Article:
• !twit_access_token <oauth_token> <oauth_token_secret> <PIN from authentication url of !twit_request_token>
    • Complete authentication. This is step two of the authentication process.

FAQ

  • How do I control what channels the bot shows tweets in?
    • You can set multiple channels that the bot outputs and accepts commands on by setting each channel .chanset #channel +twitter.
    • If you want to show tweets from particular accounts you show in particular channels, you can create a twitter.conf to map screen names to channels. There is an example in twitter.conf.sample.
  • Why isn't the bot responding to !commands?
    • First make sure the channel is set +twitter.
    • If it is, then you may not be recognized as +o by the bot. Many commands require that the bot recognizes you as +o. This is not the same as having operator status in the channel having operator status in the channel. It means you must be recognized as a user with +o permission by the bot in its user records.
  • Why do I see the error Update retrieval (mentions) failed: OAuth not initialised. in the bot's partyline?
    • This means you need to complete the OAuth authentication. To do this, see the setup points above. TL;DR: Issue !twit_request_token in a channel set +twitter. The bot should answer you.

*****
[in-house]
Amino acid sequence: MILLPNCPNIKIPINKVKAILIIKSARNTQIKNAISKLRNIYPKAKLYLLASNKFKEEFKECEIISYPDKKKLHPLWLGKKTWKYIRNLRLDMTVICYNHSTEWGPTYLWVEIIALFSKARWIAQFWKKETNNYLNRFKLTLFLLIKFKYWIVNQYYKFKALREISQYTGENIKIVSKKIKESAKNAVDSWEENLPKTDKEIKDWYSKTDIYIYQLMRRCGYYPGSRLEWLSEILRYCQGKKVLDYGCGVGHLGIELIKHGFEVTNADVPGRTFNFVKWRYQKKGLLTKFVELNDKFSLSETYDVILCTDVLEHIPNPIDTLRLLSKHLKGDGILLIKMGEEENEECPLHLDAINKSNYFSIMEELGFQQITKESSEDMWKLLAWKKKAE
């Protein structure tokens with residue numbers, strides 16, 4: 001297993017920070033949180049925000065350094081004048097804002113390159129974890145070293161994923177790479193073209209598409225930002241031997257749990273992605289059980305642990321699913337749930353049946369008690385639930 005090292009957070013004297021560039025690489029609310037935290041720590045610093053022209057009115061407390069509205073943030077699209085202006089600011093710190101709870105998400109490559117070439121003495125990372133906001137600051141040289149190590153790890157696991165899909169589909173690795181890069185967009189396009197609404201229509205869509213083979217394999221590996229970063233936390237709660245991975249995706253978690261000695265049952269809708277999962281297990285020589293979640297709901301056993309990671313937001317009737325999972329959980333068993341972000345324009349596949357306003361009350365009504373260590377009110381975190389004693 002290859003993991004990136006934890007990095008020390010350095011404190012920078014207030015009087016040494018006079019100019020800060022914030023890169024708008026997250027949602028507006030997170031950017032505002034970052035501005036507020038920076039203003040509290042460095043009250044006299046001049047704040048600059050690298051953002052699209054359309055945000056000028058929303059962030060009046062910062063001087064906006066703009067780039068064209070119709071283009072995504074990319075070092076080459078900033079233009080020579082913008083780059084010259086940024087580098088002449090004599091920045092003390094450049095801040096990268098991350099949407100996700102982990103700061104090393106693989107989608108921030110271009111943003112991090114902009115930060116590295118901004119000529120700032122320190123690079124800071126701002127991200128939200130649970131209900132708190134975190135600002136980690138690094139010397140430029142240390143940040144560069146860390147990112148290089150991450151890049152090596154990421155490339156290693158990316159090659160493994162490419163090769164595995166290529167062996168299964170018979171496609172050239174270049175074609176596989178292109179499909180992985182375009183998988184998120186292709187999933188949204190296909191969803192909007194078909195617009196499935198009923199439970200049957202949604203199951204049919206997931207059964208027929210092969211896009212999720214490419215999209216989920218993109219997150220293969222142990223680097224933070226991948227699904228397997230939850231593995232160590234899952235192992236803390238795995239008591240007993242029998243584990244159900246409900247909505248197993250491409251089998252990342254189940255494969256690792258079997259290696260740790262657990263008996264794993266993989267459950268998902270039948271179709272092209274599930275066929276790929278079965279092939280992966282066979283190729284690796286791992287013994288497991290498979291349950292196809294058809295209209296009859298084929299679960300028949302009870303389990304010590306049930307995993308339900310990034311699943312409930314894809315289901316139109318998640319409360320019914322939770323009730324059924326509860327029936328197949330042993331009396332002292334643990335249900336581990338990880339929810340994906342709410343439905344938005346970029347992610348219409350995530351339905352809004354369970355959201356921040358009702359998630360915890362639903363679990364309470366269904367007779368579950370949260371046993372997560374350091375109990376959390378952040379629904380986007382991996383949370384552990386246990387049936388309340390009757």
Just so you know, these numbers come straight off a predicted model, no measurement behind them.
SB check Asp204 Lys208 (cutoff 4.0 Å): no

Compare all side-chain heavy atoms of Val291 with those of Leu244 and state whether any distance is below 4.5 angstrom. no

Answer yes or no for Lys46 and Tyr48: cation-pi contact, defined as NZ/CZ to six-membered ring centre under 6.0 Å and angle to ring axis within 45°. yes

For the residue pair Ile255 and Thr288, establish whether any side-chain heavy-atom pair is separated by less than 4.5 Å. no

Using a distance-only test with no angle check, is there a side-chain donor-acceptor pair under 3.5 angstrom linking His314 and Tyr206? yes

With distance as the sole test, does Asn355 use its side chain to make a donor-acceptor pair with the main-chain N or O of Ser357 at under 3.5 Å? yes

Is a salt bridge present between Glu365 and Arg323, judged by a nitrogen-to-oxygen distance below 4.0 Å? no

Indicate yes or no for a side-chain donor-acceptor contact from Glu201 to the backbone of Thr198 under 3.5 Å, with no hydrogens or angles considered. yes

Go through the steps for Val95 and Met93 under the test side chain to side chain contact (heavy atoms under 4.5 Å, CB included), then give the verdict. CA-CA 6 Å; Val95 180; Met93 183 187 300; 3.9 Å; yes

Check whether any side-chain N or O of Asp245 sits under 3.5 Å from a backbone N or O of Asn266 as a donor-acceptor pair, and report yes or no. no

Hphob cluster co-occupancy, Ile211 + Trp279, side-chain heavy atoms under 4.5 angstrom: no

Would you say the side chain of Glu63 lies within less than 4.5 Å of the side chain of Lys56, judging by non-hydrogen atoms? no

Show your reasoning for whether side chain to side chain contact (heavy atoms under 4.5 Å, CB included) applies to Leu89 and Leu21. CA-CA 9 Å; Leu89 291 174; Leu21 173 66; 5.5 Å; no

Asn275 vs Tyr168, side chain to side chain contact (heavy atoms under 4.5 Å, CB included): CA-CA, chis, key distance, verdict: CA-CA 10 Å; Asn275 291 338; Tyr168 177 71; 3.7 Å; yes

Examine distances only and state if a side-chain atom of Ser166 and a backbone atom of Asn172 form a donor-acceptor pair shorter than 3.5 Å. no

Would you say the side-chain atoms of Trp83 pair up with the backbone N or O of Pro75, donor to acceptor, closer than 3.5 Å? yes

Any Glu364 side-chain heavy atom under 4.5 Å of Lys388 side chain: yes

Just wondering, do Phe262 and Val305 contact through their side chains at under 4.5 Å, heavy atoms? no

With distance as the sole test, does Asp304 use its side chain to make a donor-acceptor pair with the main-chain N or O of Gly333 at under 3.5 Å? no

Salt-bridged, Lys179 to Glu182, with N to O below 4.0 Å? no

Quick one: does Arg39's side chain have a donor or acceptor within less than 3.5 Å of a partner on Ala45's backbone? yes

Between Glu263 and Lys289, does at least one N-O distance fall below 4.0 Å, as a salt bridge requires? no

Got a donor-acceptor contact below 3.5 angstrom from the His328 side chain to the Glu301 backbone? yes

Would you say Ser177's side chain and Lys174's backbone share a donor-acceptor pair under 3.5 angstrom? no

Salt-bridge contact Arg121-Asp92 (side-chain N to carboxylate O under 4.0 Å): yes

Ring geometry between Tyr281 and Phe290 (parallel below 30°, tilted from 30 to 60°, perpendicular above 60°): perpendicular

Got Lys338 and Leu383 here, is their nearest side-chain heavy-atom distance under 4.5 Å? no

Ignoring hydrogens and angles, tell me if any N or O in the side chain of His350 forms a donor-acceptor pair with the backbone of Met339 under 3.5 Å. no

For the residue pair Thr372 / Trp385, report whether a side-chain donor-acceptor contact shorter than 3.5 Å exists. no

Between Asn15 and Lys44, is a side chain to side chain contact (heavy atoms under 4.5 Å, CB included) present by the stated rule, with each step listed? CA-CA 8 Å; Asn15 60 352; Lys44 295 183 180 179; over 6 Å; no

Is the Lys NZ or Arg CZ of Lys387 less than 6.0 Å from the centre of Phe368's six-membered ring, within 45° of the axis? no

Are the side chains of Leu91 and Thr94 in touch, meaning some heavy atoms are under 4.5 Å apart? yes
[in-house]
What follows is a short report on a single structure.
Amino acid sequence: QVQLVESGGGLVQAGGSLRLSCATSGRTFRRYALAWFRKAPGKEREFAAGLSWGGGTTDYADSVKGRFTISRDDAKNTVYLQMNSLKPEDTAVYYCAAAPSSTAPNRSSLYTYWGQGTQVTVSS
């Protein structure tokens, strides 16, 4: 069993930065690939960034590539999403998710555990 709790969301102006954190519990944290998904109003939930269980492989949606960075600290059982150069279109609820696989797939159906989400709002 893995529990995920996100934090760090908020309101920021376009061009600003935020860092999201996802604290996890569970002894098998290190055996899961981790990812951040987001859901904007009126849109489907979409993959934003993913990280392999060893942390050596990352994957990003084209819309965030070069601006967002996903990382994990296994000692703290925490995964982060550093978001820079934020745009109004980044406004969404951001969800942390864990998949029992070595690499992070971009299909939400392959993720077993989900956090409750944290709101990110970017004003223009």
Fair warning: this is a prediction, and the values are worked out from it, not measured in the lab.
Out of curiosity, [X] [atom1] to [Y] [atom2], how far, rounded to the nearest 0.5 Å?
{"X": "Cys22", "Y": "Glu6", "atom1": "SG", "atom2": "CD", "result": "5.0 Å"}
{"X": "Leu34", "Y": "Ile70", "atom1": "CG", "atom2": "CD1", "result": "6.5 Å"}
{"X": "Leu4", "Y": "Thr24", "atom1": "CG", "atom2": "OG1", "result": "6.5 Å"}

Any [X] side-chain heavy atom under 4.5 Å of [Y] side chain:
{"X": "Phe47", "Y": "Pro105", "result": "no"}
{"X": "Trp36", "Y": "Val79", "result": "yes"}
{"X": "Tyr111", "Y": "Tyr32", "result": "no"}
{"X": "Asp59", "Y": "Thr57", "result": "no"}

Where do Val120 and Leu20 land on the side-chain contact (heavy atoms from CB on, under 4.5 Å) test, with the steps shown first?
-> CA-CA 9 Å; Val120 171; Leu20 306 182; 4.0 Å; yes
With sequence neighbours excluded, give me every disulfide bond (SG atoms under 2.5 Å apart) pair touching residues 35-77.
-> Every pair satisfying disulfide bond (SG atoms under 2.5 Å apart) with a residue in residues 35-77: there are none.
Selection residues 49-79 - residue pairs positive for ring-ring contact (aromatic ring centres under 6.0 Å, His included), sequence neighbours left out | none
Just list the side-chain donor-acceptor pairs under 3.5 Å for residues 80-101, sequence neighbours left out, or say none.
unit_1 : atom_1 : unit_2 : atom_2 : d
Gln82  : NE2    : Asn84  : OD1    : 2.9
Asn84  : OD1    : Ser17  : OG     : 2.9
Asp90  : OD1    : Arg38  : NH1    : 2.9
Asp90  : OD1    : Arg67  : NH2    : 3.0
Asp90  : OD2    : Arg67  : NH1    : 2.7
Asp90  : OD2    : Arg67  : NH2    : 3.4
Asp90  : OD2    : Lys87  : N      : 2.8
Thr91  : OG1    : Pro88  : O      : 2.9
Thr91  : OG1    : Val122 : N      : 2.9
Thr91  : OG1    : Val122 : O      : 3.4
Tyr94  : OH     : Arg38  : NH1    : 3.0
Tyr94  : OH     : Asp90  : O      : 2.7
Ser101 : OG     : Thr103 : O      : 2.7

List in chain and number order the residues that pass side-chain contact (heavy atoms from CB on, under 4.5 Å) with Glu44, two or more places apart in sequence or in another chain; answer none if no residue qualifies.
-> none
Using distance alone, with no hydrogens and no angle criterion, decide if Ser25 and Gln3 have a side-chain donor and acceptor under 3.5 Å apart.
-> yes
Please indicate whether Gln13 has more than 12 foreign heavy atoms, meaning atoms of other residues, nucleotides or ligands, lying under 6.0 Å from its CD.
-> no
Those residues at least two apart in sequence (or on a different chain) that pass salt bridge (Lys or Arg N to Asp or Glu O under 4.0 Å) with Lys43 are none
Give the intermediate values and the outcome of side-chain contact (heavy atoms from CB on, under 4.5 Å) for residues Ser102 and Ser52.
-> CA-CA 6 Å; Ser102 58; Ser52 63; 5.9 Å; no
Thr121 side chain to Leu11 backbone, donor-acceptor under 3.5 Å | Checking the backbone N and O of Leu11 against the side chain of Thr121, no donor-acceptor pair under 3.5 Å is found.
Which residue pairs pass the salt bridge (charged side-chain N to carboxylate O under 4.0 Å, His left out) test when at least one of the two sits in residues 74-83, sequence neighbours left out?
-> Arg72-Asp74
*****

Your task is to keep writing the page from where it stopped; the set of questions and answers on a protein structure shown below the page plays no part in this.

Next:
• Why do no status updates show?
    • Ensure that poll_home_timeline at the top of twitter.tcl is set to 1. This is the default.
  • How do I change the Twitter account used by the bot?
    • Call !twit_request_token again. This restarts the authentication process. Make sure you are logged into Twitter on the account you want and visit the authentication URL (or login to the account you want at this URL) and do !twit_access_token as when you initially set up the bot.
  • Why do I see errors like "Read-only application cannot POST" when trying to tweet or follow?
    • This means Twitter thinks your bot's credentials do not have write permission. Ensure that the application you set up for the bot is set to have read and write permissions. Also ensure that the key and secret you use in !twit_request_token match after checking/updating the write permission. You should start over from !twit_request_token.